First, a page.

Monday, January 16, 2012

Walker Sisters'Sister's Homeplace to Laurel Falls

Walker Sister's Cabin
The Bucket Brigade strikes again! It was an awesome January day for a hike on this MLK holiday, and I can't think of a better way to spend it than hiking in the mountains. The hike today began at the Metcalf Bottoms parking area and went past the Greenbrier Schoolhouse to the Walker Sisters' Homeplace. These five spinsters lived their entire lives on this land until the last sister passed away in 1964. It is a beautiful setting, but it must have been a hard life! Today we used their front porch as a resting stop before we began climbing Chinquapin Ridge via Little Greenbrier Trail. It was 3.5 miles steady climb to the junction with the Laurel Falls Trail.
The Watsons

Chinquapin Ridge
By the time we reached this junction we were pretty tired and glad to see the trail head down the other side of Chinquapin Ridge! The weather on this side of the ridge was dramatically different from the trip up the ridge. The wind was blowing hard and the trail was all but covered with snow. We ran into two scientists who were mapping the location of the remaining hemlock trees and comparing their map to the aerial mapping that had been done previously. these hemlocks are fighting a losing battle with the wooly adelgid who is literally sucking the life out of some of the park's oldest residents. It's a shame to see their skeletons rising up where once beautiful trees had stood. I guess it's just proof that time changes everything.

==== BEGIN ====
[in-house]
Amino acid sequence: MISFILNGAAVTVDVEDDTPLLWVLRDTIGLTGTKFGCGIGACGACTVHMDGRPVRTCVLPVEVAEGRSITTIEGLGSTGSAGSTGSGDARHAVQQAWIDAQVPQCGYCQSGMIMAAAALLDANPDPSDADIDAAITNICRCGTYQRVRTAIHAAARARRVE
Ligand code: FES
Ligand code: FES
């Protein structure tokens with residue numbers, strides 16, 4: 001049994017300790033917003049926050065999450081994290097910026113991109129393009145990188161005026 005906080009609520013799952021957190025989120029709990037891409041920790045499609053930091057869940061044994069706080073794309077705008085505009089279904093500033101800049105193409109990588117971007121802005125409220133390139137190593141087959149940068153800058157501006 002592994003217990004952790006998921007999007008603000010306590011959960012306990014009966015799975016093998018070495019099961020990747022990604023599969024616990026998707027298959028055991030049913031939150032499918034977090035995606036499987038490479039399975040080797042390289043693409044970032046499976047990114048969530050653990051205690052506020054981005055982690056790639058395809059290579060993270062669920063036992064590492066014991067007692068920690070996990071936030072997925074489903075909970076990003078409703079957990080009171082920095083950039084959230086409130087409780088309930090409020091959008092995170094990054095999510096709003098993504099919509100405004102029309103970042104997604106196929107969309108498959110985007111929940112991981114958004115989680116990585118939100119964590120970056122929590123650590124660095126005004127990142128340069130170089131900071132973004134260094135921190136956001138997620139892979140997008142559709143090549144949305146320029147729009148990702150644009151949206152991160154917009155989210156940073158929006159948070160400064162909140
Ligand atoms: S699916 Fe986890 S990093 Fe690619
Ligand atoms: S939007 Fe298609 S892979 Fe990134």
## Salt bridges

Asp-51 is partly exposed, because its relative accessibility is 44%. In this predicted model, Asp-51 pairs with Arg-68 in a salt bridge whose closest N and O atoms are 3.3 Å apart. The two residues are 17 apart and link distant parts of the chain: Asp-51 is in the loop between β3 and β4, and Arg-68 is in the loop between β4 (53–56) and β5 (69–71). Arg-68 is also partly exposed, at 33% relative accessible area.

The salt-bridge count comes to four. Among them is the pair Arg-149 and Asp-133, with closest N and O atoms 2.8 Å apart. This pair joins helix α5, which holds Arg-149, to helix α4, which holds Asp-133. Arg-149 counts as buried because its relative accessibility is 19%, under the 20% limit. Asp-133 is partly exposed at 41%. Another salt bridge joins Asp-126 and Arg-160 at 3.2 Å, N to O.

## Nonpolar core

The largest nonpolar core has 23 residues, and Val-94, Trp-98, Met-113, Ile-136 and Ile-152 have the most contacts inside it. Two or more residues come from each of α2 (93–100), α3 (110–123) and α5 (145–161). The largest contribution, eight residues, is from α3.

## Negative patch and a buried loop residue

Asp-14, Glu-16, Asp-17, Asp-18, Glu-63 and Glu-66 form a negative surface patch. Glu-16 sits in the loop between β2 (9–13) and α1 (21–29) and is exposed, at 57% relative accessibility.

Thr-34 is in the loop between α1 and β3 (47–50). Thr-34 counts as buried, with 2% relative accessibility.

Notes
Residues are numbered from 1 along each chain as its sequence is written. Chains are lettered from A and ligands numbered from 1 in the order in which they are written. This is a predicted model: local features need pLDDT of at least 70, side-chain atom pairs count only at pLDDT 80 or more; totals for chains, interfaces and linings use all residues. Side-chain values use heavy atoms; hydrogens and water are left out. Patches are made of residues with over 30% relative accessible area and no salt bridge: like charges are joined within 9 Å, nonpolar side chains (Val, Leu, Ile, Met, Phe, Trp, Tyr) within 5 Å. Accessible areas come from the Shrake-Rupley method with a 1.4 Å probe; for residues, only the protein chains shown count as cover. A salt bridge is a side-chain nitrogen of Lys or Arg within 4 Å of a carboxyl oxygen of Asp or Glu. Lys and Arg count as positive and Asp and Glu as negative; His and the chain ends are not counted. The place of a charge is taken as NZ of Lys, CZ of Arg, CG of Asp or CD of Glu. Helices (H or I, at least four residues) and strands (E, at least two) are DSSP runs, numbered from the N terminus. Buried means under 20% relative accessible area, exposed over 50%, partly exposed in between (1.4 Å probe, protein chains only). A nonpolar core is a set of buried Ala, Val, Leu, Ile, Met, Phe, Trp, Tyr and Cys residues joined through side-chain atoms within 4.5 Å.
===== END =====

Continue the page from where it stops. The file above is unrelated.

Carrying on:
Laurel Falls

 After hiking another 1.8 miles, this time downhill, we reached the most visited falls in the park: Laurel Fallls. This falls plummets spectacularly 75 feet from the top, past the viewing crossing and down to the stream that carries the water down to Little River. We stopped here to eat the lunches we had packed, but it began to get pretty cold when we weren't walking. From there it was only another 1.4 miles to the parking area where we had left a car to shuttle us back to Metcalf Bottoms. On the way down though, we did witness the fall of a tree in the woods, and it made me think of the shirt I bought Bunk once, well actually twice, that said: if a man speaks in the forest and there is no woman around to hear, is he still wrong. I couldn't help but chuckle as that went through my head.

One reason I picked this hike at this time of year was to avoid the crowds that usually throng this falls since the path from Little River Road to the falls is paved and can accommodate young children and strollers. On this hike we had not seen anyone except the two scientific researchers until we got to the falls. From there down we saw quite a few. But the crowd on this day was light enough not to interfere with the experience, and I'm really glad I got to see it again. It is a magnificent falls, to say the least.

Altogether, today's hike was right at 8 miles. I had inadvertently left my knee brace at home and didn't discover it missing until we were ready to begin. I was worried, and mentally I began figuring out how I could use the duck tape I keep wrapped around my hiking pole to tape my knee when it began to hurt. I am so very pleased to report that it never did bother me! On the way down, I was careful to place as much impact as possible on the two hiking poles I was using, but the knee held up remarkably well. I feel really good about how strong it is getting!

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